Chuck Renslow, founder of International Mr. Leather, diesOnline Only, Section 4A, Top Highlights Friday, June 30th, 2017
CHICAGO — Chuck Renslow, 87, a longtime pillar of the LGBTQ community in Chicago and around the world, has died after multiple long-term health issues, Windy City Times reports.
Renslow reigned over a seven-decade empire, starting more than two dozen businesses—bars, discos, photo studios, health clubs, bathhouses, gay magazines and newspapers, hotels, restaurants and bookstores. He fostered organizations and dealt with Mafia and police payoffs, the Chicago Machine, anti-gay government policies, and controversy within the gay community.
The founder of International Mr. Leather, owner of Man’s Country and the Gold Coast bar, publisher of the GayLife newspaper in the ‘80s, political activist, and much more was an out business owner since the ‘50s. He was a critical contributor to a wide range of political, social, business, health and other causes.
In the early ‘50s, Renslow founded Kris Studios, one of the earliest and most durable of the physique photography houses. He was an accomplished photographer, including of the ballet. His dance photography is in the Newberry Library dance collection in the Chuck Renslow Dance Photographs collection.
He was the publisher of Triumph, Mars and Rawhide Male magazines, publications mailed and shared across the country as the earliest ways gay men found each other. In 1965, he was a founder of Second City Motorcycle Club.
He opened Gold Coast, believed to be the first leather bar in the U.S., in Chicago in 1958. He was the founder of many bars and sex clubs since the ‘60s including Man’s Country, which is still open in Andersonville.
Renslow had many partners over the years, among them Dom ‘Etienne’ Orejudos, who he was with more than 40 years and, and helped encourage Dom’s work as the artist Etienne. He was also involved with Cliff Raven, Chuck Arnett Sam ‘Phil Andros’ Steward, David Grooms of Wisconsin and Ron Ehemann, and encouraged them in their work too.
In 1979, he founded International Mr. Leather, which grew out of his Mr. Gold Coast contest and the experience he had managing A.A.U. physique competitions. When Dom ‘Etienne’ died, Renslow combined his collection of Eteinne’s art with his own archives from his business and his life; Renslow and Tony DeBlase co-founded the Leather Archives & Museum in 1991. Renslow served as president for many years.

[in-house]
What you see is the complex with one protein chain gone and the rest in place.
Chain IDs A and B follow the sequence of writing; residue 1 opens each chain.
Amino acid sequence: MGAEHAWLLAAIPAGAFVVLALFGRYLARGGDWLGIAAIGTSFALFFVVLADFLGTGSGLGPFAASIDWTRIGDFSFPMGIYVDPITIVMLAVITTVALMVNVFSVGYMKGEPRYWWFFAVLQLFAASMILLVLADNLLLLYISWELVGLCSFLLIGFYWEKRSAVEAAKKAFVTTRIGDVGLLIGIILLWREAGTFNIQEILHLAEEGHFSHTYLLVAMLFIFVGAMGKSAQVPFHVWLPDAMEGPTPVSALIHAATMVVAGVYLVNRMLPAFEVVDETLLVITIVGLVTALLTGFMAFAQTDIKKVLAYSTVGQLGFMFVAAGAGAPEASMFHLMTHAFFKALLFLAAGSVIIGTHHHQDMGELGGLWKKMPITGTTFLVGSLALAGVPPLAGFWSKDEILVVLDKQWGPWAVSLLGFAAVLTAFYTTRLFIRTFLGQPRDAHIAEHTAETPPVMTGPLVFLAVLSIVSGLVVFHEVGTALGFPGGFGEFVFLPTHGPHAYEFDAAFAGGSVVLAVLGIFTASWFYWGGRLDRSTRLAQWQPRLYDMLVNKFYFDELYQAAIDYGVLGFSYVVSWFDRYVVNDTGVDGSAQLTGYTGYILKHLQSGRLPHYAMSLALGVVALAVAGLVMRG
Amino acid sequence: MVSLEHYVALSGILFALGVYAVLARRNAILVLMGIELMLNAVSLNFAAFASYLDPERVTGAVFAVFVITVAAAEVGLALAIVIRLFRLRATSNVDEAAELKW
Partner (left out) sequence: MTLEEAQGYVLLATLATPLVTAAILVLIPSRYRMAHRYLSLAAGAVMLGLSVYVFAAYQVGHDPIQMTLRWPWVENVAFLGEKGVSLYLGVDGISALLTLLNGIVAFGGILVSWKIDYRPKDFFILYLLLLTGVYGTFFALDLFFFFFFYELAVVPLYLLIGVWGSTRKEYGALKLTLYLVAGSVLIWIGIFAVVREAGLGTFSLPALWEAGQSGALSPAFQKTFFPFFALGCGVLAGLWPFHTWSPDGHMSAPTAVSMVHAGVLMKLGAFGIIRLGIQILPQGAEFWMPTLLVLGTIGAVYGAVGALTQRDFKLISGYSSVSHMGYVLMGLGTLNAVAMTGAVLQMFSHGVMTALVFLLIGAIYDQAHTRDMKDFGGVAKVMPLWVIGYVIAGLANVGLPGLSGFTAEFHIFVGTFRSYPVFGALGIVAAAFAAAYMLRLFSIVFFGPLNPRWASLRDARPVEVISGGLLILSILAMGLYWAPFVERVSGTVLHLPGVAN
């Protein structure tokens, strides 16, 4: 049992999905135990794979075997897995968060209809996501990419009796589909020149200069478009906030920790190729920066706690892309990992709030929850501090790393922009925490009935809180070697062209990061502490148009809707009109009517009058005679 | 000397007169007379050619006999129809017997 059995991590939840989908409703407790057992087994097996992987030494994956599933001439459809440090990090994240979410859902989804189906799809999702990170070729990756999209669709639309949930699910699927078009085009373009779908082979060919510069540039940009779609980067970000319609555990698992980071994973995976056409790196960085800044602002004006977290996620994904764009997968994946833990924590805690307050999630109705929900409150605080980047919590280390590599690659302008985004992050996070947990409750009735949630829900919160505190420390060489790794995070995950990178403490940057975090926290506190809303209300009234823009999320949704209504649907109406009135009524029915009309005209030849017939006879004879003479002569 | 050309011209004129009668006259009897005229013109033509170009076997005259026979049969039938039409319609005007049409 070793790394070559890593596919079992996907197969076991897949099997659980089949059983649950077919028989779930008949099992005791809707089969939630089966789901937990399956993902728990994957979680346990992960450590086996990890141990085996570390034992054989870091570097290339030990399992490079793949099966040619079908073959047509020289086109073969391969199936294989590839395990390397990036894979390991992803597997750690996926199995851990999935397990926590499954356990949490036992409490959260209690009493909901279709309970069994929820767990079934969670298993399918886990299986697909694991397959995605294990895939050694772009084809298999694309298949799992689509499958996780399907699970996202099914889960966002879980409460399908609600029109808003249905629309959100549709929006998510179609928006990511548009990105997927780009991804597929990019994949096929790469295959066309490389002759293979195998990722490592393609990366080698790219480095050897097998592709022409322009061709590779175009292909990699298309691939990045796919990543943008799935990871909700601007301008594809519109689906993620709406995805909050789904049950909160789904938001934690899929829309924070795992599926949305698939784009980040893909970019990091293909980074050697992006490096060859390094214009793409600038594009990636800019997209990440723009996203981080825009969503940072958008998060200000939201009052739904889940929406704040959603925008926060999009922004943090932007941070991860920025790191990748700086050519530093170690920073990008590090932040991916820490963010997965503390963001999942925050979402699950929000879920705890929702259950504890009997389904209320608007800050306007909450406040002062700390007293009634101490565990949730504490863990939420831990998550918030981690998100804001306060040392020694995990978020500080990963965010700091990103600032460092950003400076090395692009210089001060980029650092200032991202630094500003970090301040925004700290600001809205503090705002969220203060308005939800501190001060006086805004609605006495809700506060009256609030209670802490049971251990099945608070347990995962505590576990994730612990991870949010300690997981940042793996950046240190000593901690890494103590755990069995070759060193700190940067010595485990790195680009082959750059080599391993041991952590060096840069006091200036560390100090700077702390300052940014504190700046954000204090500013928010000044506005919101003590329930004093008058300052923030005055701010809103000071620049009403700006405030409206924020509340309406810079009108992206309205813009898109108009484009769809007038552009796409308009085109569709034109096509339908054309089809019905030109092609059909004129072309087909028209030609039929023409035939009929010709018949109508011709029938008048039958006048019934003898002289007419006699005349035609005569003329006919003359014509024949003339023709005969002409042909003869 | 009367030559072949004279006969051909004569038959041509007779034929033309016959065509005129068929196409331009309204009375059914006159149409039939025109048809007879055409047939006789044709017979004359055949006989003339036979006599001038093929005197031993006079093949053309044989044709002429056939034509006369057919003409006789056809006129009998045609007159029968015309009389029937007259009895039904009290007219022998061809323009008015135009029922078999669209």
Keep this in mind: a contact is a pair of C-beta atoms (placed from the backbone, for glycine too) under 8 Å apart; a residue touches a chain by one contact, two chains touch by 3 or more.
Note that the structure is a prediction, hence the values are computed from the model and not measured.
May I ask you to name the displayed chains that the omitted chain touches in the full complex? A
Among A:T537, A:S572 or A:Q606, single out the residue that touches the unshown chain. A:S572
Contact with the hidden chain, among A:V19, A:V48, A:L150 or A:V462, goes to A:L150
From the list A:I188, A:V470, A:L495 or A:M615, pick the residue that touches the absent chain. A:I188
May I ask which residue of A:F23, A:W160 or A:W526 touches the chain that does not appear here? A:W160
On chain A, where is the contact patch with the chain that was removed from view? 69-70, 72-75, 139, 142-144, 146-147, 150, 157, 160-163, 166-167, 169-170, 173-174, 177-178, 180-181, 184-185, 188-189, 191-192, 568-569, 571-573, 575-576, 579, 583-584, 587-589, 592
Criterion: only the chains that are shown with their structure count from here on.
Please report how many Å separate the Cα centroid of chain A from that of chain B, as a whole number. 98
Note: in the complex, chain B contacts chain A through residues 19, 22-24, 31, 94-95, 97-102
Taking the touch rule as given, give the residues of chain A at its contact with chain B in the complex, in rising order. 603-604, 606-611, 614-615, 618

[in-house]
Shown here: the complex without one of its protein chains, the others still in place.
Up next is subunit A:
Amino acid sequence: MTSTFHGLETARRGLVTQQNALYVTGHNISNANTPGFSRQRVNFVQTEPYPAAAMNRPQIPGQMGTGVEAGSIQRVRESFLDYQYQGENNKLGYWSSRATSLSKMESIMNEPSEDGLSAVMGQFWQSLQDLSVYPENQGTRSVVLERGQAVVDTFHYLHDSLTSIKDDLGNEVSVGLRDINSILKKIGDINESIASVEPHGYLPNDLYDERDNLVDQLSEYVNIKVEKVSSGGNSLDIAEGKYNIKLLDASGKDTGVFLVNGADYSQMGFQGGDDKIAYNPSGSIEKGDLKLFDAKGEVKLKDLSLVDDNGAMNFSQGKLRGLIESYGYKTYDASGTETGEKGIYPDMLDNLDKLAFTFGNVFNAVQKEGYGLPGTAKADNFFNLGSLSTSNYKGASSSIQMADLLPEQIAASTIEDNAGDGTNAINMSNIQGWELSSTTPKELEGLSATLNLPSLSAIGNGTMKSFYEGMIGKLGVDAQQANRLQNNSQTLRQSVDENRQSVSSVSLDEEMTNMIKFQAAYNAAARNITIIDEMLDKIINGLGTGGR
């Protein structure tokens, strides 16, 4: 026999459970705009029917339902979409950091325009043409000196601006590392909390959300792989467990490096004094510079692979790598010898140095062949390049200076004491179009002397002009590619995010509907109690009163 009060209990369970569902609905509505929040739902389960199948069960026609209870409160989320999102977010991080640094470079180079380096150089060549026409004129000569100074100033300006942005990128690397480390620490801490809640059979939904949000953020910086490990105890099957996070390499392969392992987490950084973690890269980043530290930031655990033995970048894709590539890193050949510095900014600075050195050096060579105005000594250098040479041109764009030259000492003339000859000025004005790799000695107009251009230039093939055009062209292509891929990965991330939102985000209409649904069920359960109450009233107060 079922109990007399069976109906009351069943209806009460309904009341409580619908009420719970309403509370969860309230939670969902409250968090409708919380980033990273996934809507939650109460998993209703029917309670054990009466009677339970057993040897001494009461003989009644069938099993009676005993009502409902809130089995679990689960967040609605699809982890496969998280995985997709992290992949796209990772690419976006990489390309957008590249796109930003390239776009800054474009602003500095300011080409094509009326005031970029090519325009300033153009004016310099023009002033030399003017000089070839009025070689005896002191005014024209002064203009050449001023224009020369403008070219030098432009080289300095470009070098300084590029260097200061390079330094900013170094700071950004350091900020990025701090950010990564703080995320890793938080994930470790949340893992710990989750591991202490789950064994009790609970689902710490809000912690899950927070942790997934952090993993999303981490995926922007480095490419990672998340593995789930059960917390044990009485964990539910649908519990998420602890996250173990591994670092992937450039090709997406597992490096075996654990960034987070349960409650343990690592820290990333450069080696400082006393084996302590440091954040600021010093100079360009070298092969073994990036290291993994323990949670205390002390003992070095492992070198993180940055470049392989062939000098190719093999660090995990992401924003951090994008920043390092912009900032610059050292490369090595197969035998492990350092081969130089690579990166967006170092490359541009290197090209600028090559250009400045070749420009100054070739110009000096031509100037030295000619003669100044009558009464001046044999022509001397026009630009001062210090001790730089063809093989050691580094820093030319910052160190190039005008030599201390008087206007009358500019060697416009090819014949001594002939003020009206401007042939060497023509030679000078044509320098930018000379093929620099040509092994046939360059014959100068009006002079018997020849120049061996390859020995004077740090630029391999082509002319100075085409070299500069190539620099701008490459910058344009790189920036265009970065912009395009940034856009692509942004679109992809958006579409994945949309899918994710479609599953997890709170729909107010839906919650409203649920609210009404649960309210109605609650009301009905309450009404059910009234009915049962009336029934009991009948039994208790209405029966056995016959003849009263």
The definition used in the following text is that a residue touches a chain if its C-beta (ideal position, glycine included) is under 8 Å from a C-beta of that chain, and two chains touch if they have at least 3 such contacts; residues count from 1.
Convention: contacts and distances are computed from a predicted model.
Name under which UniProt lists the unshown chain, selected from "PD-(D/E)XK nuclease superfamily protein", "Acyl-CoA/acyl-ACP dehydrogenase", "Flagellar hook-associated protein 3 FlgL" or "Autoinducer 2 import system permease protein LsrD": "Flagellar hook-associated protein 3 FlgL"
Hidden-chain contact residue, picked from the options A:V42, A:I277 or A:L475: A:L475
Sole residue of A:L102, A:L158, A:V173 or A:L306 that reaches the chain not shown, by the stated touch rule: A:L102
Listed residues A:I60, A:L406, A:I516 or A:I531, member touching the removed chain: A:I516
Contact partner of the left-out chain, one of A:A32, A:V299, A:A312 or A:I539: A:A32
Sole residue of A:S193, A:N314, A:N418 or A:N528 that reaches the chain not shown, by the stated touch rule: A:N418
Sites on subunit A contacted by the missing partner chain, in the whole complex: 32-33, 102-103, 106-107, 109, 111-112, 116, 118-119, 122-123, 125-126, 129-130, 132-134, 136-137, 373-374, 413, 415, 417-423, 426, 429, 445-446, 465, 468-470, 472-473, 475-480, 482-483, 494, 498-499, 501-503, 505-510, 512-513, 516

Renslow was inducted into the the Chicago LGBT Hall of Fame in 1991 and received dozens of awards from the gay and leather communities. He received The Leather Journal’s lifetime achievement award and a Centurion Award as Leatherman of the Century.
He served on the board of directors of the National Gay and Lesbian Task Force and was a U.S. representative to what was known then as the International Lesbian and Gay Association.
Renslow also was involved in newspapers, purchasing GayLife newspaper from its founder, Grant Ford, and publishing it for several years, until it folded in 1986.
Renslow was especially active in politics in the ‘70s and ‘80s, as the gay community gained clout. He was the founder of Prairie State Democratic Club in 1980, and they hosted events with top politicians from Chicago and Cook County, and even presidential candidates coming through the area. He pushed for the gay and lesbian civil-rights ordinance when it was first introduced in the City Council in the early ‘70s, and the initial executive order banning discrimination in Chicago city government, as issued by Mayor Jane Byrne.
He served as a Democratic Party 43rd Ward precinct captain for eight years, as a candidate for delegate to the 1980 Democratic National Convention (for U.S. Sen. Edward Kennedy), and within the 46th and 48th Ward Democratic Organizations.
His other bars and businesses have included the Chicago Eagle, Triumph Health Studios, Sparrows Lounge, Bistro Too, Zolar, The Club Baths, Center Stage and Pyramid.
Renslow was born in 1929, raised in the Logan Square neighborhood of Chicago, and graduated from Lane Technical High School.
The Leather Archives & Museum staff and board issued this statement, in part:
“As LA&M’s co-founder, Chuck gave deeply and worked with great passion for over 26 years to save the names and faces of Leather, kink, BDSM and fetish people, communities, and history, and he fought to ensure that Leatherfolk were the ones who would ‘tell’ their own stories so that they might better understand and bring enhanced visibility to ‘Leather history.’ As co-founder, longtime President and, most recently, Chairman of the Board, Chuck has left his mark throughout our institution and touched each of us very deeply. He will be missed.”
Renslow is survived by many friends and family. More details, and memorial info, will be posted as information becomes available.
Renslow’s life is chronicled in Leatherman: The Legend of Chuck Renslow, by Tracy Baim and Owen Keehnen.
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